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Writing for College and Beyond: Library Help

What Is a Secondary Source?

The function of secondary sources is to interpret primary sources, and so can be described as at least one step removed from the event or phenomenon under review.

  • Interpret, assign value to, conjecture upon, and draw conclusions about events reported in primary sources.
  • Usually in the form of published works such as journal articles or books, but may include radio or television documentaries, or conference proceedings.

(Definition from University of California Santa Cruz, University Library "Distinguish between Primary and Secondary Sources." Accessed March 30, 2016. http://library.ucsc.edu/help/howto/distinguish-between-primary-and-secondary-sources)

Types of Sources

Primary Source
Original material created at the time of the event or by the subject you are studying. This kind of material is the closest you can get to your actual subject, unfiltered by later scholars and critics. Examples of primary sources include:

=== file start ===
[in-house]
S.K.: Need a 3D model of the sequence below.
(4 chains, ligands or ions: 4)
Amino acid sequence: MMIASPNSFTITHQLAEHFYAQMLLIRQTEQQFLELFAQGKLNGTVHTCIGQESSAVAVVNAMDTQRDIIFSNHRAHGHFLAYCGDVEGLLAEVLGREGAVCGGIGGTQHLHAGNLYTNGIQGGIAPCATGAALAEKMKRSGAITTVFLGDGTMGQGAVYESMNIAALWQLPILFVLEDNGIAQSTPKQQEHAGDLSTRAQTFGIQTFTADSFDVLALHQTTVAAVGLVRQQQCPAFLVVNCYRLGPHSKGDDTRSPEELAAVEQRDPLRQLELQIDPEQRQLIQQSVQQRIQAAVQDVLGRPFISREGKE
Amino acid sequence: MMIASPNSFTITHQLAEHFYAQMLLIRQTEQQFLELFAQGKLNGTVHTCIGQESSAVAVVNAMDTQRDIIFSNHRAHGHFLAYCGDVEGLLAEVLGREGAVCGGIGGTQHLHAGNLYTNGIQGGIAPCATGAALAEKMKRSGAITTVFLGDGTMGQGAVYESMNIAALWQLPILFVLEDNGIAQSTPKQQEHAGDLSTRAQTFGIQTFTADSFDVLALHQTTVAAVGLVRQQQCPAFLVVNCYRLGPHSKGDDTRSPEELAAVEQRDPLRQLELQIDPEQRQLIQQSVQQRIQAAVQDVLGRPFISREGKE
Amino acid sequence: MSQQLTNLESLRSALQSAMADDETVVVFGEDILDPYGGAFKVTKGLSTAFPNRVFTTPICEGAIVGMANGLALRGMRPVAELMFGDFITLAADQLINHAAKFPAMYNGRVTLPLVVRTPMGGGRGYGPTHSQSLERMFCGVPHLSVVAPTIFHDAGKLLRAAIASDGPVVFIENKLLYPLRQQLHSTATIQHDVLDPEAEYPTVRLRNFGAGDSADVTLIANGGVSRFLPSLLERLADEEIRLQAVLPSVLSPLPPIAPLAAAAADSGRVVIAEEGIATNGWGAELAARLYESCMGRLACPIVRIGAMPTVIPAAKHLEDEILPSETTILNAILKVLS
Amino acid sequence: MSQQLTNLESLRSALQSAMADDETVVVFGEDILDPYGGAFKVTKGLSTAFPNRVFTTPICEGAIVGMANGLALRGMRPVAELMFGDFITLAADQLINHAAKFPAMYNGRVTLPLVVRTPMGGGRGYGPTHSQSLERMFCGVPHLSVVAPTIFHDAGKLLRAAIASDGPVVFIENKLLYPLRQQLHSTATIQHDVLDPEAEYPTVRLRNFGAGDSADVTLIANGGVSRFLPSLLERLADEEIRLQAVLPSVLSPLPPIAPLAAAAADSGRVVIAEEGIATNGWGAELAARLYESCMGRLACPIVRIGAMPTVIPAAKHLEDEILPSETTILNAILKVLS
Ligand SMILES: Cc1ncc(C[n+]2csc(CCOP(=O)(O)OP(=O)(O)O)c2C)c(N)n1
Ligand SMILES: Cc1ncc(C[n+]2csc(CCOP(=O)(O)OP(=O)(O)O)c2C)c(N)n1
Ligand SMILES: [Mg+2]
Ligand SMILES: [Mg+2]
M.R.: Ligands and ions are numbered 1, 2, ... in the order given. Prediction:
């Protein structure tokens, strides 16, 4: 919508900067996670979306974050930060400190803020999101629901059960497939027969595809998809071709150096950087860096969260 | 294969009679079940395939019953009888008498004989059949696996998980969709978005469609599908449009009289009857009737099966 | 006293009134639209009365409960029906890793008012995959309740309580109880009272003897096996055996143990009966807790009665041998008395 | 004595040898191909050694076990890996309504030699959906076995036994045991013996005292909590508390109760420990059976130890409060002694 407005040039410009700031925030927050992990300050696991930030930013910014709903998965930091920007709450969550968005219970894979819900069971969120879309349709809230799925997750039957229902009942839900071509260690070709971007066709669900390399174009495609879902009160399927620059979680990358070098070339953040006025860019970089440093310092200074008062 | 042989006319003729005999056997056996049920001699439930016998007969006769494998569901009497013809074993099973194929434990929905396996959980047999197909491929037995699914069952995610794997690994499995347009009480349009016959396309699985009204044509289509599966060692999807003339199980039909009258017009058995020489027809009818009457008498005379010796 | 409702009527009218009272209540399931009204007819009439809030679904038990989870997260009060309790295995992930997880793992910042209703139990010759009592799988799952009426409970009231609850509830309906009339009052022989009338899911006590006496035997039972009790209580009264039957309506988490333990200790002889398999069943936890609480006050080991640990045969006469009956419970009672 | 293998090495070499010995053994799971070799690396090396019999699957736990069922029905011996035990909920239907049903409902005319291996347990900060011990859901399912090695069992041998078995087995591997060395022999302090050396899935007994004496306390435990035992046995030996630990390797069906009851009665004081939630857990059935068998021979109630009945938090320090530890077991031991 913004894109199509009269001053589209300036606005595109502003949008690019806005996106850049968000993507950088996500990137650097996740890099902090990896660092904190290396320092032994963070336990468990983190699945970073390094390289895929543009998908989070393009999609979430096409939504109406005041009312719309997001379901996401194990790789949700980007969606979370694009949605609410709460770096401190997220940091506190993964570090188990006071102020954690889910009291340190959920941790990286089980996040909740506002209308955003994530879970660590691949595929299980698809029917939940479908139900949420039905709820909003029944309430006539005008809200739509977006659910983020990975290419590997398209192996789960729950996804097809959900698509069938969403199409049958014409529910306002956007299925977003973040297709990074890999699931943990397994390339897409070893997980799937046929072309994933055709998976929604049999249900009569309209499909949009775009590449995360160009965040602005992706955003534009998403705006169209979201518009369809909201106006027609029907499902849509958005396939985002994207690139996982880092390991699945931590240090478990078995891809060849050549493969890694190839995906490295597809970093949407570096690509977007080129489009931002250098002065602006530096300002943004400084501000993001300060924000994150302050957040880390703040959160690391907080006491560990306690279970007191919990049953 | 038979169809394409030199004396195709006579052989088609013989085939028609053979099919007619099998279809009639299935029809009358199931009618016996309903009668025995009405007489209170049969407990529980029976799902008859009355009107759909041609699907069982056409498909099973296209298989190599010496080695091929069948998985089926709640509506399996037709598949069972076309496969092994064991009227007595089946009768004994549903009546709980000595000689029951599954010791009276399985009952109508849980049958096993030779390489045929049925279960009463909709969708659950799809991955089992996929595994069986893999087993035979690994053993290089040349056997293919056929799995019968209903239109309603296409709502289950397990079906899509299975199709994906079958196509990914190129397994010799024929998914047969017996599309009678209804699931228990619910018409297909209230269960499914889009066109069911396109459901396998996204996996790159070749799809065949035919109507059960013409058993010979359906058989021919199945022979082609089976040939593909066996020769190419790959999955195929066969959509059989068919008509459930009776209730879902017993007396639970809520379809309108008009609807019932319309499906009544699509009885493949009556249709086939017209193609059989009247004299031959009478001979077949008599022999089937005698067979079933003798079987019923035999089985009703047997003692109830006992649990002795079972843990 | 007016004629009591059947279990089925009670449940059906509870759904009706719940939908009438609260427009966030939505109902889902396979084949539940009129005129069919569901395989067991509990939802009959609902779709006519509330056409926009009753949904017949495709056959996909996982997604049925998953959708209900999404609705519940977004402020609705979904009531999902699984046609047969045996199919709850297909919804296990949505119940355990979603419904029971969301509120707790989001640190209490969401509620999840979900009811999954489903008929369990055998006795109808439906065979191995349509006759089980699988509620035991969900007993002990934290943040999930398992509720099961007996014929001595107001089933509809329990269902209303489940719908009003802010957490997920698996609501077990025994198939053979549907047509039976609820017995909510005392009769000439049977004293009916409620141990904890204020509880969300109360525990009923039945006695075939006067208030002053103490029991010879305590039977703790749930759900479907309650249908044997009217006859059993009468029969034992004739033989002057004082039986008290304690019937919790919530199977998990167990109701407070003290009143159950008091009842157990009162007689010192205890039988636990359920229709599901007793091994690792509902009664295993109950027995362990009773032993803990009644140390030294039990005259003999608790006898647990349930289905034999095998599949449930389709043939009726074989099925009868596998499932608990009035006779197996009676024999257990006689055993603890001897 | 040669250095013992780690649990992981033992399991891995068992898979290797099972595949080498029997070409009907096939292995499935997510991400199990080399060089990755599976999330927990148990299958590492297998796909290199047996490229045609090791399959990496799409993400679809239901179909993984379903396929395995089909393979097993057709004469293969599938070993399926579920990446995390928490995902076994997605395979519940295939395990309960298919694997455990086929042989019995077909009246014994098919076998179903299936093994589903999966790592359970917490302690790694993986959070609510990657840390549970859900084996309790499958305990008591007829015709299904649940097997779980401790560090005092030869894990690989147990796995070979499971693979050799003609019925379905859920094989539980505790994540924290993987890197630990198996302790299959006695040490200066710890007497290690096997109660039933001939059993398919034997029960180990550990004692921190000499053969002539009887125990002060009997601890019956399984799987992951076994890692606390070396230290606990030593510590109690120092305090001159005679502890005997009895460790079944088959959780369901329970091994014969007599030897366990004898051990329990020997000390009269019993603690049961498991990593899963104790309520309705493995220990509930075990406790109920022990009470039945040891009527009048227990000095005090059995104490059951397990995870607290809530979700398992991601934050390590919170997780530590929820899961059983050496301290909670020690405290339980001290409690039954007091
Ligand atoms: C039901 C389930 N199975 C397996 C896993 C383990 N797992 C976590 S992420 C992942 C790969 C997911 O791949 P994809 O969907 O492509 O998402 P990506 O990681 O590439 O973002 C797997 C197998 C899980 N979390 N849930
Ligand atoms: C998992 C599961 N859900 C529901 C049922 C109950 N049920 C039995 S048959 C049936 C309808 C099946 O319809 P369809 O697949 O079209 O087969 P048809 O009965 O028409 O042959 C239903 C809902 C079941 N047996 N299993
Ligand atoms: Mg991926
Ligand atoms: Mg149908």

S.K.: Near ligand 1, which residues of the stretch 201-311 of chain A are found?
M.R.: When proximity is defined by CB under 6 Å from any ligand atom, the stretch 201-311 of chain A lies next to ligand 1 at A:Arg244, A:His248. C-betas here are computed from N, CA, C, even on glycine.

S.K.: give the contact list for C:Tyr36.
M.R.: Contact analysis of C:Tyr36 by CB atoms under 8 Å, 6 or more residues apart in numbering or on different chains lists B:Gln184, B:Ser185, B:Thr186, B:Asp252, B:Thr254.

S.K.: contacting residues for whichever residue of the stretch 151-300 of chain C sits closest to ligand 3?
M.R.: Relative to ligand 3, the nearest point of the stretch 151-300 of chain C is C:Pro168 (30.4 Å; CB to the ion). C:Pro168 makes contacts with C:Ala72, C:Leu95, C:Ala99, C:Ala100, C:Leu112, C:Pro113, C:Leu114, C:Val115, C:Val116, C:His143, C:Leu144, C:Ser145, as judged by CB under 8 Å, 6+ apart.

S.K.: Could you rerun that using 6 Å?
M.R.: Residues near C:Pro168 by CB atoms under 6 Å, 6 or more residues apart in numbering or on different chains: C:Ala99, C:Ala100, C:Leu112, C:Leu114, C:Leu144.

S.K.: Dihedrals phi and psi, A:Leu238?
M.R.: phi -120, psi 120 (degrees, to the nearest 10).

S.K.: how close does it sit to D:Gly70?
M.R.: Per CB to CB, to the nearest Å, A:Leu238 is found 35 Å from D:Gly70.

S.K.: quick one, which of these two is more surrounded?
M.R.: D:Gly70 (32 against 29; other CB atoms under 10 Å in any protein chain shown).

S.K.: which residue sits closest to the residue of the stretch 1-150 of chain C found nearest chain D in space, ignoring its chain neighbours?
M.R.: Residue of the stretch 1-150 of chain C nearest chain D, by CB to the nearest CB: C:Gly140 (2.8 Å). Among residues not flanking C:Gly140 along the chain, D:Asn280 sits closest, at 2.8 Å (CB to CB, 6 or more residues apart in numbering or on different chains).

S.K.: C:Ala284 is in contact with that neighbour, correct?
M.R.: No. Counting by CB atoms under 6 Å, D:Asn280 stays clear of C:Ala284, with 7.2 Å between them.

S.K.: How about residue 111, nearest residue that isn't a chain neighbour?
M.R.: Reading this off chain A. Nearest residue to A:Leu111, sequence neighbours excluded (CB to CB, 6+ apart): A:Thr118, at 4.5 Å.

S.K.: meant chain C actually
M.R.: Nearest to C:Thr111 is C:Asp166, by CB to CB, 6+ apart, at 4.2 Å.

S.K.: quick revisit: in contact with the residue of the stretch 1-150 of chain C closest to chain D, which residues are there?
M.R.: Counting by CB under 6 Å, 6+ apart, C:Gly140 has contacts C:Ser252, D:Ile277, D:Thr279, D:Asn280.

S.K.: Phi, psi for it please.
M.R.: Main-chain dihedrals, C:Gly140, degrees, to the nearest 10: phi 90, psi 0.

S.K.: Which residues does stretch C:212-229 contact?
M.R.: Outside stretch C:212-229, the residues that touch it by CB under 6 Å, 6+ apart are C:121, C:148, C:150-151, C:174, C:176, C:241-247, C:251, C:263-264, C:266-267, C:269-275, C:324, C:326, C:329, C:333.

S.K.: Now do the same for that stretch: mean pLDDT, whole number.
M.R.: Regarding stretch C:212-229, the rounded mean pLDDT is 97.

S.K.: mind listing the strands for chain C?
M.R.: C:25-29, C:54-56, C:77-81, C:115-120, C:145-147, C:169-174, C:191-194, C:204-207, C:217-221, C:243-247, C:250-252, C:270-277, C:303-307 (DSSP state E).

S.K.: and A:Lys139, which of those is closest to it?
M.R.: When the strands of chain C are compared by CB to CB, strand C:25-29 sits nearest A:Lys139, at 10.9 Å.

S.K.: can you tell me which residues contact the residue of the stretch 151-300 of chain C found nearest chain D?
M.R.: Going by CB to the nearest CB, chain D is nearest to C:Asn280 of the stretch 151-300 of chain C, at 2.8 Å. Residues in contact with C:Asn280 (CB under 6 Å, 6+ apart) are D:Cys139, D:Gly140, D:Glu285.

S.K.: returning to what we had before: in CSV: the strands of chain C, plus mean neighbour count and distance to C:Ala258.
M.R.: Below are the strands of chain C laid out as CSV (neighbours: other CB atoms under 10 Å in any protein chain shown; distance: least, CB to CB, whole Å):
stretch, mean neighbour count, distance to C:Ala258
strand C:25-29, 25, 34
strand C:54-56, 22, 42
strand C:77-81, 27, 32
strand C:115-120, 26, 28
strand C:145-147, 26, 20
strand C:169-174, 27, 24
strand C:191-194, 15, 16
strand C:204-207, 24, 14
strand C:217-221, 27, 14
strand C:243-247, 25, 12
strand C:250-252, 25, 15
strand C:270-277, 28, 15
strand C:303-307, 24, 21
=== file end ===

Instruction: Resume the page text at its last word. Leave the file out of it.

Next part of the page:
personal letters
autobiographies
original works of research
interviews/ transcripts
scientific samples
photographs
statistics
survey and poll data
newspaper accounts of an event as it happened
field notes

Secondary Source
A work that analyzes primary sources. They can also act as primary sources, depending on your subject. Secondary sources include:

journal articles
books and monographs
critical reviews

 Tertiary Source
A source that indexes or otherwise collects primary or secondary sources. These sources tend to be most useful as jumping off points for your research, leading you to the more in-depth secondary and primary material. Examples include:

encyclopedias
bibliographies
dictionaries
online indices